Kevin Riordan: Arts venture brightens commercial strip in Haddon Township

At the new gallery and studio space for artists in Haddon Township are the building's owner, Dom Flamini, and Christine Hopkins, who is his partner and owns a hair salon at the site.
At the new gallery and studio space for artists in Haddon Township are the building's owner, Dom Flamini, and Christine Hopkins, who is his partner and owns a hair salon at the site. (CAITLIN MORRIS / Staff Photographer)
Posted: October 04, 2011

You may not have heard much about SoHa.

But your chances of hearing more about it just got bigger.

A major exhibition space and new studios for 10 artists opened last month at 1001 White Horse Pike in the "South of Haddon Arts and Business District," the promotional name for a section of Haddon Township most folks call Oaklyn.

A potters' collective, a sculptor, and a mixed-media artist already occupy the rear of the landmark building, where a sleek street-level hair salon offers its own brand of artistry.

"This is the new gallery space," says Christine Hopkins, who owns the salon and formerly headed the township's business-improvement district. She's also partners with building owner Dom Flamini in the expanded arts venture, which easily doubles exhibition and studio space for artists in the neighborhood.

I'm standing in what, less than two months ago, was a humdrum second-floor warren of offices, now a stylish aerie with 12-foot ceilings; shiny pine floors; and big, bold paintings by local artists on all-white walls.

"This is my baby," says Flamini, who bought the building - once home to a sporting-goods store known for its batting cages - in 1985. He leased space to a number of retail and office tenants; the first artists arrived in 2002.

Maria Christopher is the first to occupy one of the new studios.

"This building is really positive and bright," says the painter, whose former studio was near Philadelphia's Italian Market. "It has great energy."

"When space is very expansive, you feel things in a more expansive way," says sculptor Ted Warchal, who moved his studio from Merchantville to 1001 four years ago. "I think the new [studios] are really wonderful. . . . They will help create a sense of community in the building."

The working-class stretch of the pike where Haddon Township, Oaklyn, and Collingswood blur into one another lacks the coolness factor of Philly's edgier, art-centric neighborhoods. I know; I lived on the 1100 block of the pike for 26 years.

But this old-fashioned commercial strip has a bit of urban grit and a surprisingly diverse residential and business blend - soul food, lingerie, new-age books, tuxedos, and tattoos are all available within a few blocks of one another. And if you still need some Philly edge, NJ Transit buses can get you into Center City in 20 minutes.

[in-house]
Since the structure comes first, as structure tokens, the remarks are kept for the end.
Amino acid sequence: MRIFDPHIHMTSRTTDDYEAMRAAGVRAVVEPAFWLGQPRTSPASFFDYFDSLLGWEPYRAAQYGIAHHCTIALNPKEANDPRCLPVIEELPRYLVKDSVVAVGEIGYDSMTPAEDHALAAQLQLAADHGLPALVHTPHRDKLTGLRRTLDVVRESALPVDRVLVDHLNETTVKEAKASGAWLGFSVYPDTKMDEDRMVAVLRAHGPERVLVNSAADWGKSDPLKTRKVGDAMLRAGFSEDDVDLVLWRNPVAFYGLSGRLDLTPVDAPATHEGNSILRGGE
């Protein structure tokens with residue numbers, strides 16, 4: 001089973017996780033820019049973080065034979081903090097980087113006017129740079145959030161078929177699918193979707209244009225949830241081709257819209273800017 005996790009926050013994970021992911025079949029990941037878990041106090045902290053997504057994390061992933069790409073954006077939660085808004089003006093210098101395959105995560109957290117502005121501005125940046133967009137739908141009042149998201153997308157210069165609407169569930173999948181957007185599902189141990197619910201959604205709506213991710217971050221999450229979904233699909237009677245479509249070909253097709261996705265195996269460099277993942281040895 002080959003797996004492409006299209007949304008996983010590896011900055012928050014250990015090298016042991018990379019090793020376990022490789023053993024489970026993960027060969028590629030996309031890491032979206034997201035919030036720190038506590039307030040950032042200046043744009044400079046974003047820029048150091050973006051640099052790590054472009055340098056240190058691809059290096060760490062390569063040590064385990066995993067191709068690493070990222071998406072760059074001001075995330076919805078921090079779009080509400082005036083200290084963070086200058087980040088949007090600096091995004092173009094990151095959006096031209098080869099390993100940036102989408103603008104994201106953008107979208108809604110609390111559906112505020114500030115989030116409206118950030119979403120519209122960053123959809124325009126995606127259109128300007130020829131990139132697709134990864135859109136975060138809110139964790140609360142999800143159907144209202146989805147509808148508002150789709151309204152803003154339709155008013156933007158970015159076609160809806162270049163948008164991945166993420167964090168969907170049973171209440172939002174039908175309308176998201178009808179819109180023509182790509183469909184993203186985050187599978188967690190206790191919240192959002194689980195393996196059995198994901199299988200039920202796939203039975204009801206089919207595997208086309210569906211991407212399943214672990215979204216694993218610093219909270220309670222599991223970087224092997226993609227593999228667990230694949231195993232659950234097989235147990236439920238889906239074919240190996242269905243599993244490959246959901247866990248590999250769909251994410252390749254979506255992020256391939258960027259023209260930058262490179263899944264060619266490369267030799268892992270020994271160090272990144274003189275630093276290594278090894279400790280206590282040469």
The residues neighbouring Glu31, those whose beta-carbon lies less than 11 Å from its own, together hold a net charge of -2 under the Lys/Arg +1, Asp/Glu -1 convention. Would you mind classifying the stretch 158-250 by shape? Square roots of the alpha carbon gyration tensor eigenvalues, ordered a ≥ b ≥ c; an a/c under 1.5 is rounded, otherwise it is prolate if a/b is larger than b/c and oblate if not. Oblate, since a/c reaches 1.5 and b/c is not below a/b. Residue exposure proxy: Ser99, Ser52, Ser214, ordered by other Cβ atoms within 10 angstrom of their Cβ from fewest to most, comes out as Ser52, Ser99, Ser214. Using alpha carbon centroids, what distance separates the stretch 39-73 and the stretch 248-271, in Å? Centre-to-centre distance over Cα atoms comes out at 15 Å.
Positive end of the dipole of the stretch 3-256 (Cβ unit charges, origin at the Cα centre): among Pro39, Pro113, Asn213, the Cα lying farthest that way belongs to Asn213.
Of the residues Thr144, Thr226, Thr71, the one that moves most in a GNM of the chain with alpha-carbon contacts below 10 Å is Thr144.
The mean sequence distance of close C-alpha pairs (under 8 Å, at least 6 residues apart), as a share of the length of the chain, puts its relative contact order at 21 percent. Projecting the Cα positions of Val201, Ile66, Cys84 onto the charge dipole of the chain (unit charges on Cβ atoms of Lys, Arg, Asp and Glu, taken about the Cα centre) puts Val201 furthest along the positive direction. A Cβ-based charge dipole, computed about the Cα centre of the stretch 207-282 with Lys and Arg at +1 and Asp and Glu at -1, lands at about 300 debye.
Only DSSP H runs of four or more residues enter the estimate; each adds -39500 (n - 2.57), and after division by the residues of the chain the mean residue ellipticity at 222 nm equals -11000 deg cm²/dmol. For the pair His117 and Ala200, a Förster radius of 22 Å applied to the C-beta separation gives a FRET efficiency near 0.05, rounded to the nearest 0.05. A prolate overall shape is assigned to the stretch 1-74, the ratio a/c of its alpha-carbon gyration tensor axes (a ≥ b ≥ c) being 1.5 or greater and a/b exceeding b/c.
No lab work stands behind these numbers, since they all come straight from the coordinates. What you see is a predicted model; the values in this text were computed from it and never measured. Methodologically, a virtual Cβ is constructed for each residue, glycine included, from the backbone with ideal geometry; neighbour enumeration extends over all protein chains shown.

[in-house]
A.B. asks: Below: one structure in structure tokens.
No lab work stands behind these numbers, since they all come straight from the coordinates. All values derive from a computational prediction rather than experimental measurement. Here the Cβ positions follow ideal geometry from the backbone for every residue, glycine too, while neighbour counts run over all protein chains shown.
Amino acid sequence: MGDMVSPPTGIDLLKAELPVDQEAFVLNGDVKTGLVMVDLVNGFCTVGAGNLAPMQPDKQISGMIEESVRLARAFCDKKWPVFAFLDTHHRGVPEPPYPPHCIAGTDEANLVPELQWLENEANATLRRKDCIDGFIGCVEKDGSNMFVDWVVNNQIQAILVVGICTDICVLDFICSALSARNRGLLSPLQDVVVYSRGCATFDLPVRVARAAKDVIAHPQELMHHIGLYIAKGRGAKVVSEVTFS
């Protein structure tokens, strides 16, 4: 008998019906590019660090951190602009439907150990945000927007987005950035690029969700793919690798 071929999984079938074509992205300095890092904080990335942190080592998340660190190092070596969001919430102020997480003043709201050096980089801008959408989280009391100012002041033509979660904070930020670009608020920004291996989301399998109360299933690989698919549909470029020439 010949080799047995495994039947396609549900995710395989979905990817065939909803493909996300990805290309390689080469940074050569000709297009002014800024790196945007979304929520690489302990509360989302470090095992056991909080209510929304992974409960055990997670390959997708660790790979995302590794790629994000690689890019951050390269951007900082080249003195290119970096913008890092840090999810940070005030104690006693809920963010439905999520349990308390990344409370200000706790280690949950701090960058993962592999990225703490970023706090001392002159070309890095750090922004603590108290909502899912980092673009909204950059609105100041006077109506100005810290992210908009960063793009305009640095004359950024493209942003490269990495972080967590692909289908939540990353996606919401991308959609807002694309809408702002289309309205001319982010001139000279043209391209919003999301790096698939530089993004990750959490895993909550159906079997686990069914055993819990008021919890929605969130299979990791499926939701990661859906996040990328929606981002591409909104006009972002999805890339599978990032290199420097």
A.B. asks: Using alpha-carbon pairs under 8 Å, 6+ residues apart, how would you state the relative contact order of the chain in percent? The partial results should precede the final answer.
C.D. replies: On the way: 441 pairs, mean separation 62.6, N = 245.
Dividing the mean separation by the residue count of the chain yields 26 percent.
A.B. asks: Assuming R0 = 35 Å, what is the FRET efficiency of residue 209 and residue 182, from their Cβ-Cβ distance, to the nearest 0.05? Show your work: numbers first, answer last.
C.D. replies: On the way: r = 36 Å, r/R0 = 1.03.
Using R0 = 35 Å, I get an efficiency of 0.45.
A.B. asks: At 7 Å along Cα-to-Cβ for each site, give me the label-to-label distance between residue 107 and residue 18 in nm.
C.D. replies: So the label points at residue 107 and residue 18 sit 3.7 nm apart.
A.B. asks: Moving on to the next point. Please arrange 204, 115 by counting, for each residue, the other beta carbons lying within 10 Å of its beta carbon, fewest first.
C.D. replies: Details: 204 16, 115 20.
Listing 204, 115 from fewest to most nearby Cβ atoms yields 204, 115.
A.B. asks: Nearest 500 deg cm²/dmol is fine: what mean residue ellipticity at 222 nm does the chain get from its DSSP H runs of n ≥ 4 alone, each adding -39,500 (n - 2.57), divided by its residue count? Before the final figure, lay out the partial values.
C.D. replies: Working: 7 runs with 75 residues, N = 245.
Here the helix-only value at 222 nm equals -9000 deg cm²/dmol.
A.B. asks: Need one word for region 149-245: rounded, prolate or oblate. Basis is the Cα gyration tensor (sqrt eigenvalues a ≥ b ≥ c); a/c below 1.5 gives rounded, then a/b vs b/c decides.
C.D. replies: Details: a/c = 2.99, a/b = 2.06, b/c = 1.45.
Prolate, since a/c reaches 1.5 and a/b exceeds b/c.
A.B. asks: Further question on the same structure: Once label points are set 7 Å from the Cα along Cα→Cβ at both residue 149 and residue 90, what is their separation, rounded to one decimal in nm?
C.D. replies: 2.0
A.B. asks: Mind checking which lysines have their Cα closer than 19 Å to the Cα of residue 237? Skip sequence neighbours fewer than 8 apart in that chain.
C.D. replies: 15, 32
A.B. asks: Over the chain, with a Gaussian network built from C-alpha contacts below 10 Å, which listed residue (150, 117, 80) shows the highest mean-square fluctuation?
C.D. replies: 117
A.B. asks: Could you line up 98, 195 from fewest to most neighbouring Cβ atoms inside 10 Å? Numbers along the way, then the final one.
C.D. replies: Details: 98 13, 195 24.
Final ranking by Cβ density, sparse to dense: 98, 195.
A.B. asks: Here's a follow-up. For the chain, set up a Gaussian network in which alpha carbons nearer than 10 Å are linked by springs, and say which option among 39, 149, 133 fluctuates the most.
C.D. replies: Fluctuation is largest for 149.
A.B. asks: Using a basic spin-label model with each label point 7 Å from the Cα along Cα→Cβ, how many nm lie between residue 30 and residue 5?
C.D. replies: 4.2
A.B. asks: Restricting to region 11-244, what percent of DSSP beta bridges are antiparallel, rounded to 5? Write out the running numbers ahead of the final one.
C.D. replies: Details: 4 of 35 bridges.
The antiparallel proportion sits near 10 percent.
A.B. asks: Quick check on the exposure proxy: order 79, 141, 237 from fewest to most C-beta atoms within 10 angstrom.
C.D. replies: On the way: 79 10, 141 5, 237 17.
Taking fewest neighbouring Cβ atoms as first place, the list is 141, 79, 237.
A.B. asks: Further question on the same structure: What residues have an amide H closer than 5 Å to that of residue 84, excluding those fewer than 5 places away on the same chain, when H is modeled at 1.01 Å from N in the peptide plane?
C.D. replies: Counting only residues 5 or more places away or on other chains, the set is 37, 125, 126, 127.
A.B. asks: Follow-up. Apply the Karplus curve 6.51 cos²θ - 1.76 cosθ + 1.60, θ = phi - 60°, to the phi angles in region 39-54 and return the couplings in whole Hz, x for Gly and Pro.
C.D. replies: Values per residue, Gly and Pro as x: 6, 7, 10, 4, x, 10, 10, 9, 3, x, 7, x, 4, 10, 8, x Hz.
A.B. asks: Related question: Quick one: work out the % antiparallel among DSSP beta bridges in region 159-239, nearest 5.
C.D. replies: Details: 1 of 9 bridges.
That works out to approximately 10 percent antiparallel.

"I love the unpretentiousness," says Fran Gallun, a mixed-media artist, who moved into Flamini's building in 2002.

The down-to-earth quality also attracted Jocelynn Tice, a portraitist and teacher who owns My Studio.

That's down-to-earth, as in, low rent, for the storefront where she opened her business in 2002.

"Some people come in and say, 'What the hell are you doing here?' " Tice laughs. "I tell them, 'Making money.' "

One way she does this is by painting props and other items for the Ritz Theatre, which transformed a former White Horse Pike porn palace into a legitimate stage venue 26 years ago.

Adding more artists to the neighborhood can only help, says producing artistic director Bruce Curless, whose organization was first to put the district on the cultural map.

More recently, across from the Ritz, musician and teacher Sara O'Brien launched her eclectic and lively Studio LuLoo performance space on the Oaklyn side of the pike.

Located in a house that served for decades as a dry-cleaning shop, the studio offers open-mike nights as well as concerts by local bands. It will soon move to nearby West Clinton Avenue, and a gallery will take over the space on the pike.

Despite such positive signs, the neighborhood still misses the Newton Diner, which burned to the ground last year and remains an empty lot. Vacant storefronts dot both sides of the strip as well.

"People here are really dedicated," O'Brien says. "They really care about the arts and the community. But it's tough. It's going to take time."

Flamini, of Moorestown, says he's in it for the long haul.

"I used to be a teacher," he explains. Owning a building full of artists offers a chance for a landlord "to be creative."

Kevin Riordan:

Watch artists, businesspeople, and boosters talk up SoHA, Haddon Township's rising arts district, at

Contact staff writer Kevin Riordan at 856-779-3845,, or @inqkriordan on Twitter. Read the metro columnists' blog, "Blinq," at


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